Trayvon Martin and Tisha B’Av

This week it seems the world is talking about Trayvon Martin. All while my people are observing Tisha B’Av – one of the saddest days on the Jewish calendar.

Tisha B’Av is a holiday in which we mourn the destruction of the Temples, twice. First due to idolatry and again for sinat chinam or baseless hatred. Trayvon Martin’s murder and the subsequent verdict of “not guilty” for George Zimmerman, the man who shot him, is related to both.

In our world we idolize individuality. The individual right to do whatever makes you feel good – like “stand your ground” – even if others are hurt or killed. Couple this idolatry of individual rights and the oppression of people with marginalized identities and our laws create unjust situations where we value some individuality over others. Case in point is Marissa Alexander, a domestic violence survivor who fired a warning shot toward a wall, which injured no one, invoked “stand your ground” and received a 20-year sentence.

Trayvon Martin experienced baseless hatred the night he was murdered. Baseless hatred is often felt on an individual level but too often it begins from a systemic, institutional place. This kind of baseless hatred is raced and gendered. It’s systemic and perpetrated by police and civilians alike.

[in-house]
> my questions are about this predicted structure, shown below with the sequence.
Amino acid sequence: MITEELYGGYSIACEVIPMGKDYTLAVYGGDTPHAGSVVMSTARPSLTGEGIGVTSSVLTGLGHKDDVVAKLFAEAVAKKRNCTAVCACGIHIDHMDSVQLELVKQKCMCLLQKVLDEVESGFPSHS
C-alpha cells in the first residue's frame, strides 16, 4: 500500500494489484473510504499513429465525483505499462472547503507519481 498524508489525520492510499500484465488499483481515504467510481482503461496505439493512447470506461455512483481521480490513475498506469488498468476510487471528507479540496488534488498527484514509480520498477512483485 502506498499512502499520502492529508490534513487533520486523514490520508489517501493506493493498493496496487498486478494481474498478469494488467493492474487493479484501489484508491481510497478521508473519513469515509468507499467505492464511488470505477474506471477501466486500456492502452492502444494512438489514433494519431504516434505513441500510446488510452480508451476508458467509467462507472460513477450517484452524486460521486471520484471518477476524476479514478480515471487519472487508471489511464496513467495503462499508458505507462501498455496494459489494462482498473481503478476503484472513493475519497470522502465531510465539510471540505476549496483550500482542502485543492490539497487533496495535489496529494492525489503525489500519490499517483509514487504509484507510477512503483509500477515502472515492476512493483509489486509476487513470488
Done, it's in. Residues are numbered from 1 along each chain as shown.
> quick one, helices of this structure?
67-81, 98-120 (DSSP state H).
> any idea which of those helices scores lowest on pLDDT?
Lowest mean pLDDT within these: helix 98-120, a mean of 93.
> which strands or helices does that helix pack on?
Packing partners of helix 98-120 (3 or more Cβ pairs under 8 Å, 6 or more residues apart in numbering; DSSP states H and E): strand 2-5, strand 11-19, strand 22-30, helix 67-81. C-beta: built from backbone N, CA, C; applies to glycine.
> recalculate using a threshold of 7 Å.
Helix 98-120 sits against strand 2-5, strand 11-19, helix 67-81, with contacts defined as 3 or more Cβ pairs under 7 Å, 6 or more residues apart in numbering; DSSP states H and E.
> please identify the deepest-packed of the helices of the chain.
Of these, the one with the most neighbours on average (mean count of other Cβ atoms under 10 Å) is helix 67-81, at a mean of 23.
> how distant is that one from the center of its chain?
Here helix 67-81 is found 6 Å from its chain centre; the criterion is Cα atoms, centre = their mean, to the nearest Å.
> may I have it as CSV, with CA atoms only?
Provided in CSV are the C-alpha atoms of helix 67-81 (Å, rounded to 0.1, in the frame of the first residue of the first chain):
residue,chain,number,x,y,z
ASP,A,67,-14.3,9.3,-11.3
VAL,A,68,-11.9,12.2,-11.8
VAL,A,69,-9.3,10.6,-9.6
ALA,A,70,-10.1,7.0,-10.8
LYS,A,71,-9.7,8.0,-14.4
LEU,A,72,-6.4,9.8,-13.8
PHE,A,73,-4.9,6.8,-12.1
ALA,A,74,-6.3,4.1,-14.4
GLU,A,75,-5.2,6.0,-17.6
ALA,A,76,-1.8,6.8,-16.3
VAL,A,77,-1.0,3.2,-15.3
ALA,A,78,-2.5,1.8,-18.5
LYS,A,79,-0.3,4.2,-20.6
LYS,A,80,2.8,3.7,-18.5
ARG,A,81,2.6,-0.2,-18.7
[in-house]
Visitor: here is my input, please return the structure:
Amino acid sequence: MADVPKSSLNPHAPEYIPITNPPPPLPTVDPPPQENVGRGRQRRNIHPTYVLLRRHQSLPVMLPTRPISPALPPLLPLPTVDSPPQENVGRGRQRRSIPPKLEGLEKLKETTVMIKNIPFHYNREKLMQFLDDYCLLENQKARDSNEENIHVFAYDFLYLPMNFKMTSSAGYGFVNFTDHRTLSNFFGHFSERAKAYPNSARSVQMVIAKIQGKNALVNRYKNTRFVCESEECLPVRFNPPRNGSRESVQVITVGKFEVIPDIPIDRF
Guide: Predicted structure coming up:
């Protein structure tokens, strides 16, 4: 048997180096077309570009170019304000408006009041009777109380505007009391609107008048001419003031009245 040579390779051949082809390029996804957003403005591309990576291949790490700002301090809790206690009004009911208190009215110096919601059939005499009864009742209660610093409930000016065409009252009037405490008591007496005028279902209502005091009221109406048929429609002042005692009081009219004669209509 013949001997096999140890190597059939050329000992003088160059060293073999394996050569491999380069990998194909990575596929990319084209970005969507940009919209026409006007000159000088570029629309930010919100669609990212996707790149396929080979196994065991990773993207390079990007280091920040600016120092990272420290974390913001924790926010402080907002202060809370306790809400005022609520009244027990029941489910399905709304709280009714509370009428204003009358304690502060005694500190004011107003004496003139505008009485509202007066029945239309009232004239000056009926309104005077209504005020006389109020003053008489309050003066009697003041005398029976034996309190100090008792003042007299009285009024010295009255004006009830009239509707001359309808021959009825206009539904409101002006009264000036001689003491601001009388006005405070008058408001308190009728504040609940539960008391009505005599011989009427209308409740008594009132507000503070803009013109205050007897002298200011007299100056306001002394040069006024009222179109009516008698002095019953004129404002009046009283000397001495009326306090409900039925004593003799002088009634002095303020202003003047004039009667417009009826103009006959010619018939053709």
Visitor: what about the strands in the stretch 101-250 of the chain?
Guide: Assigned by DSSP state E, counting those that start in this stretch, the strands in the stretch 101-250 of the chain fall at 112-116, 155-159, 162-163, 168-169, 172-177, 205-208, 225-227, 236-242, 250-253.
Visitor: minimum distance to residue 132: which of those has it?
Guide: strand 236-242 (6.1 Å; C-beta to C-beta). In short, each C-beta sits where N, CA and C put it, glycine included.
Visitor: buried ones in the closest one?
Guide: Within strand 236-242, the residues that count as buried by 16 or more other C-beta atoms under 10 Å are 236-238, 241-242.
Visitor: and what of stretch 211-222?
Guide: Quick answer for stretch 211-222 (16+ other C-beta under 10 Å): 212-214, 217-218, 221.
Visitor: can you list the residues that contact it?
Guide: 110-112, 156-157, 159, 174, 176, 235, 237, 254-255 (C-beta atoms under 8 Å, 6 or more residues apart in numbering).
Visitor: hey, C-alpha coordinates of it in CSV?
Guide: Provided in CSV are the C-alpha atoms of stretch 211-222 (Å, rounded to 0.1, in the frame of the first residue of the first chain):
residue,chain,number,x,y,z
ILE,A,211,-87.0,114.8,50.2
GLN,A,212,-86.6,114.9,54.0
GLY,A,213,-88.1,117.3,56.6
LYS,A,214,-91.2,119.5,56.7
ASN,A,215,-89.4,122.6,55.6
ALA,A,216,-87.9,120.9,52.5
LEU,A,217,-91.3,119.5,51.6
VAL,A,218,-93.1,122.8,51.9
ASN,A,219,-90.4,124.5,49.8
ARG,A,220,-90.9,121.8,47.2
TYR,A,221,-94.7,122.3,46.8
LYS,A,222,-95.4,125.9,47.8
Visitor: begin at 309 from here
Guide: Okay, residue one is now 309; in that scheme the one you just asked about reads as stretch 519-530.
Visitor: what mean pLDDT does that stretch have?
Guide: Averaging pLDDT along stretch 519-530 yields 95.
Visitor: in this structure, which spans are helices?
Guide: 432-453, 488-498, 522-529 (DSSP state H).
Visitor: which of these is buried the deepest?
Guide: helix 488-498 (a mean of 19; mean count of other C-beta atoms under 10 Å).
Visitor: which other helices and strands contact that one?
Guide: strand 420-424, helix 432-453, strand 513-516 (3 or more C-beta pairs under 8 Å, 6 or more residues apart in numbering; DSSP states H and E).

It’s a Jewish value to seek justice (tzedek tzedek tirdof). If I don’t work to change the systemic racism endemic in my nation, then I am no better than those who actively contribute to the systems. If I only work for justice when it directly impacts me, I’m doing it wrong. And making a mockery of every value Jewish value I claim to hold dear.

I was born into a system which gives me privilege by virtue of the color of my skin. It’s my job to recognize that and to educate others about it. It’s my job to recognize my own prejudices — not so I can beat myself up about them, but so I can unlearn them. And it’s my job to work toward a future in which racism and prejudice are eradicated; not only on an individual level, but on a societal and systemic level.

We’re reminded in Pirkei Avot, “it is not incumbent upon us to finish the task…but neither are we free to refrain from beginning it.” It’s our obligation to begin to build a better world, a more just and righteous world for ourselves and our future generations.